Exercise 1

Now you want to double the number of logarithmically-sized bins used to get a more detailed picture of the size spectrum. So instead of using 11 bins to cover the range from 1g to 2048g, where each bin is twice as large as the previous, you want to use 22 bins where each bin is larger than the previous one by a factor of \sqrt{2}.

Create the vector with the breaks between the bins and then use that when you plot the histogram.

After successful completion of that exercise, return here to continue with the tutorial. Do not do the other exercises until you reach them in this tutorial.

### Logarithmic w axis

Finally, we can also display the weight axis on a logarithmic scale:

Note how on the logarithmic axis the logarithmically-sized bins all have the same width.

### Densities

Note that the height of the bars changed as we changed how we bin the data. That is obvious. If we make a bin twice as large, we expect twice as many fish in that bin.

Now please pay attention! We want to get rid of this dependence on the choice of the bin width. We want to represent the data in a way that does not depend on our choice of binning. We can do this if we divide the height of each bar by its width. This means we will work with density and the bin height will be scaled by the bin width.

Because it is important to understand this concept of density, we will calculate the number density by hand below, even though ggplot has a built-in function geom_density() that we could use instead. We first bin the data by hand, and then we calculate and plot the densities.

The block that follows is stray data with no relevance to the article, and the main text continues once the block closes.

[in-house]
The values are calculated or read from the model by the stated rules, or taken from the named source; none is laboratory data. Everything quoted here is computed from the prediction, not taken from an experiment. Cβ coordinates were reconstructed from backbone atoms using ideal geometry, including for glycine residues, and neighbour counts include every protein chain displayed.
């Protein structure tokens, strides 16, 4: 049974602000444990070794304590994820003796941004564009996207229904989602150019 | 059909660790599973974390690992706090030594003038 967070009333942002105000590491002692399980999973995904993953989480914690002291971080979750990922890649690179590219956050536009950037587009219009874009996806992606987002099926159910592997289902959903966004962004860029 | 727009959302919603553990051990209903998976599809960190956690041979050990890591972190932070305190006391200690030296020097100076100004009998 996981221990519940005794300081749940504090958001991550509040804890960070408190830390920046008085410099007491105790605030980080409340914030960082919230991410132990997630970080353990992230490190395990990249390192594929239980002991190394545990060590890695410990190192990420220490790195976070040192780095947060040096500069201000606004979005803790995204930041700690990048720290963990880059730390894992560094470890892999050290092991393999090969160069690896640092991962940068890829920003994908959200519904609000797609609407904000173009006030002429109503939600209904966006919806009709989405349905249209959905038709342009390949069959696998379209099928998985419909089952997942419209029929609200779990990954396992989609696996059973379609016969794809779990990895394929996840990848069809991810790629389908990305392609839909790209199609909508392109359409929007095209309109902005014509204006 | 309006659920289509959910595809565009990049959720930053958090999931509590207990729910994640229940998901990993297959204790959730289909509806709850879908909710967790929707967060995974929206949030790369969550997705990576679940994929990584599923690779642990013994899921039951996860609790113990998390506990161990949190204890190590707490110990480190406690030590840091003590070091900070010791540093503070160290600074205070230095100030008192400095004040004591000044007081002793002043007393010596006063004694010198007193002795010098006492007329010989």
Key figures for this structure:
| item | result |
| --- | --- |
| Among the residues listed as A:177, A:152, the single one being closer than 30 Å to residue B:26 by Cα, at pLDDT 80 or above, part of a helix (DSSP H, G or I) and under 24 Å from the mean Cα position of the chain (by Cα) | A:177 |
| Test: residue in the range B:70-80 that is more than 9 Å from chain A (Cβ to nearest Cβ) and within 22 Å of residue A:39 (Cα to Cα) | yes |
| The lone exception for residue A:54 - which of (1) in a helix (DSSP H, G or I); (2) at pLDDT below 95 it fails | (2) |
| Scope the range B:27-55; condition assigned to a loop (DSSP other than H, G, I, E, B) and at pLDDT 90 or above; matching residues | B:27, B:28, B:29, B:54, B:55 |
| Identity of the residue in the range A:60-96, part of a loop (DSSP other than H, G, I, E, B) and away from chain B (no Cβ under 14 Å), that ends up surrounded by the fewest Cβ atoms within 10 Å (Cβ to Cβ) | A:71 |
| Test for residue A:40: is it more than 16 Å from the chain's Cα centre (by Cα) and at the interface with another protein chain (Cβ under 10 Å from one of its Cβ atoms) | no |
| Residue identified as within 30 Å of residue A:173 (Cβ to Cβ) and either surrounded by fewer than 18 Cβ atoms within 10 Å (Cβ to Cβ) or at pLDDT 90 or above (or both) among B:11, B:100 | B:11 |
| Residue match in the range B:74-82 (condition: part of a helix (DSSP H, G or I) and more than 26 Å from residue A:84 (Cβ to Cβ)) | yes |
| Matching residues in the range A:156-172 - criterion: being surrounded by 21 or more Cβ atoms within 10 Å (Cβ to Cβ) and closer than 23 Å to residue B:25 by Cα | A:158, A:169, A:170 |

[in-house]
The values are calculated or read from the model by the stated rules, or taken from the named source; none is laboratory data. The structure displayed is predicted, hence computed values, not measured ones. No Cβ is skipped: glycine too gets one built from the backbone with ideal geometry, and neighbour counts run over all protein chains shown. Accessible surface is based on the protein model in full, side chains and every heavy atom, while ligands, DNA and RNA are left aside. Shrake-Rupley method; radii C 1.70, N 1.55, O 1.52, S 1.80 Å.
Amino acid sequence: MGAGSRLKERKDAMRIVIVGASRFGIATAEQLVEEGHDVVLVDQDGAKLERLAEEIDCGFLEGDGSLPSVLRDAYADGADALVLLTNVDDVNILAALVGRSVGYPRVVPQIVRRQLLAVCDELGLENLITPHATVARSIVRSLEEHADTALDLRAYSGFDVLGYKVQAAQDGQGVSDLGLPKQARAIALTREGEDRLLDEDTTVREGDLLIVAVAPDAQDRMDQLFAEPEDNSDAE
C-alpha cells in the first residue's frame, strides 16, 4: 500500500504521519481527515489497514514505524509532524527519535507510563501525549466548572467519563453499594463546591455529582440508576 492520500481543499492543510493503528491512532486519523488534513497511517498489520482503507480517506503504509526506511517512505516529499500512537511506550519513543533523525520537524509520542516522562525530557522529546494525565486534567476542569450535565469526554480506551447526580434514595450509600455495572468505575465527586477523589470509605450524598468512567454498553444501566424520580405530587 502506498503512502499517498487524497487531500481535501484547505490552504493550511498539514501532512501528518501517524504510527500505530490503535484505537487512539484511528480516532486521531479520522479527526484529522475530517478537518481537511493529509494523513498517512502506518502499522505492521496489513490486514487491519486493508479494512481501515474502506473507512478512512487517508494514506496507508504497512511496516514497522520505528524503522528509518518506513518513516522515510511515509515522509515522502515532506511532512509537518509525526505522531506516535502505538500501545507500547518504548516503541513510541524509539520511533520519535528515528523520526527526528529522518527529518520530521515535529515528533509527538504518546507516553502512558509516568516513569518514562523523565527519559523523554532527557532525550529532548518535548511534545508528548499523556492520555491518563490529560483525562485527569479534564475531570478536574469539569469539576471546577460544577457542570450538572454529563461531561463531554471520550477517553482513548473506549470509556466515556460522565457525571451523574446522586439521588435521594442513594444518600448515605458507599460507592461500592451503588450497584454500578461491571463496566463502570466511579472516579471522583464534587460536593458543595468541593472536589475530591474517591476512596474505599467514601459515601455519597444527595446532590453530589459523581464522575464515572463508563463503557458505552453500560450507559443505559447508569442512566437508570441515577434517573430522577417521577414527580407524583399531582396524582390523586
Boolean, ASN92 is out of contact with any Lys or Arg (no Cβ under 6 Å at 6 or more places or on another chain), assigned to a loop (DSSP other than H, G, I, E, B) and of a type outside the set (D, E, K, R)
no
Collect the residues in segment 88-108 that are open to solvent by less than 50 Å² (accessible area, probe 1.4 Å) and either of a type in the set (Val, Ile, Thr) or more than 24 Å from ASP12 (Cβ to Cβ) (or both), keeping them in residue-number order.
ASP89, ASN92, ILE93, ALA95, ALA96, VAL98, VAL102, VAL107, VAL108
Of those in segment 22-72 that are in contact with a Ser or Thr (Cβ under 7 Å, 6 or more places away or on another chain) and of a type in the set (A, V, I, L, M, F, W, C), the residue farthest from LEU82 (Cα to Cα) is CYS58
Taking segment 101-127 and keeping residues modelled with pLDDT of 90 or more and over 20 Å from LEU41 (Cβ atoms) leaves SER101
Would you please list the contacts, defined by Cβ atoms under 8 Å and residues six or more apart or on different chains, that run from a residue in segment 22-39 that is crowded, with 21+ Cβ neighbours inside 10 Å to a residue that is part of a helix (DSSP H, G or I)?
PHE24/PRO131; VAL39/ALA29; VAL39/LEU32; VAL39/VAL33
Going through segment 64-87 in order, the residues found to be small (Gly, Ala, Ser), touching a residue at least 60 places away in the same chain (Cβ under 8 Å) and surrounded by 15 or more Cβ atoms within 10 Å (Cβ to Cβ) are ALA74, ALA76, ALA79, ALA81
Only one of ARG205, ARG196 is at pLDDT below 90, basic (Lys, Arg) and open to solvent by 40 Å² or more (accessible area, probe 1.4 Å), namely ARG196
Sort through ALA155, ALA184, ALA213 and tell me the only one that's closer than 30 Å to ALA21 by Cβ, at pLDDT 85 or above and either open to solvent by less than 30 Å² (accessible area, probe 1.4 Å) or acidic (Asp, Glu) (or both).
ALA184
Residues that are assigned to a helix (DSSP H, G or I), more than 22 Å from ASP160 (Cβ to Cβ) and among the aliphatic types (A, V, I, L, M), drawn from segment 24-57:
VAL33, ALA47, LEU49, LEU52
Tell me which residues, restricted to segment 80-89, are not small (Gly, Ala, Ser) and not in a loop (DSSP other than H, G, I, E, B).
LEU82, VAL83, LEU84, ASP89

## Binning

To understand better what the histogram did and to improve the plots further, we bin the data ourselves. We do this by first adding a bin number to each observation, which indicates in which bin the weight of the fish lies.

data_with_bins <- data |>
mutate(bin = cut(weight, breaks = binbreaks, right = FALSE,
labels = FALSE))
species    weight    length bin
1     Cod 52.771869 17.410082   6
2     Cod 56.370714 17.797179   6
3     Cod  6.142102  8.500393   3
4     Cod  5.656656  8.270275   3
5     Cod  5.885482  8.380322   3
6     Cod  5.917816  8.395640   3

We used the pipe operator |> that simply pipes the output of the code preceeding it into the first argument of the function following it. So the above code is equivalent to

data_with_bins <- mutate(data, bin = cut(weight, breaks = binbreaks,
right = FALSE, labels = FALSE))

The pipe operator becomes really useful only if you do a longer sequence of operations on data. You will see examples of its use later.

The mutate() function can add new columns to a data frame or modify existing columns. In the above example it adds a new column bin. The entries in that column are here calculated by the function cut that returns the label of the bin into which an observation falls. We specify the bin boundaries with the breaks = binbreaks to be the boundaries we have calculated above. The right = FALSE means that in case an observation falls exactly on a right bin boundary, it is not included in that bin but instead in the next bin. The labels = FALSE means that the bins are not labelled by the intervals but simply by integer codes.

We then group the data by bin and calculate the number of fish in each bin

binned_numbers <- data_with_bins |>
group_by(bin) |>
summarise(Numbers = n())
binned_numbers
# A tibble: 11 × 2
bin Numbers
<int>   <int>
1     1  223609
2     2  188847
3     3  279646
4     4  132316
5     5   53082
6     6   17039
7     7   14238
8     8   15061
9     9    1570
10    10     159
11    11      27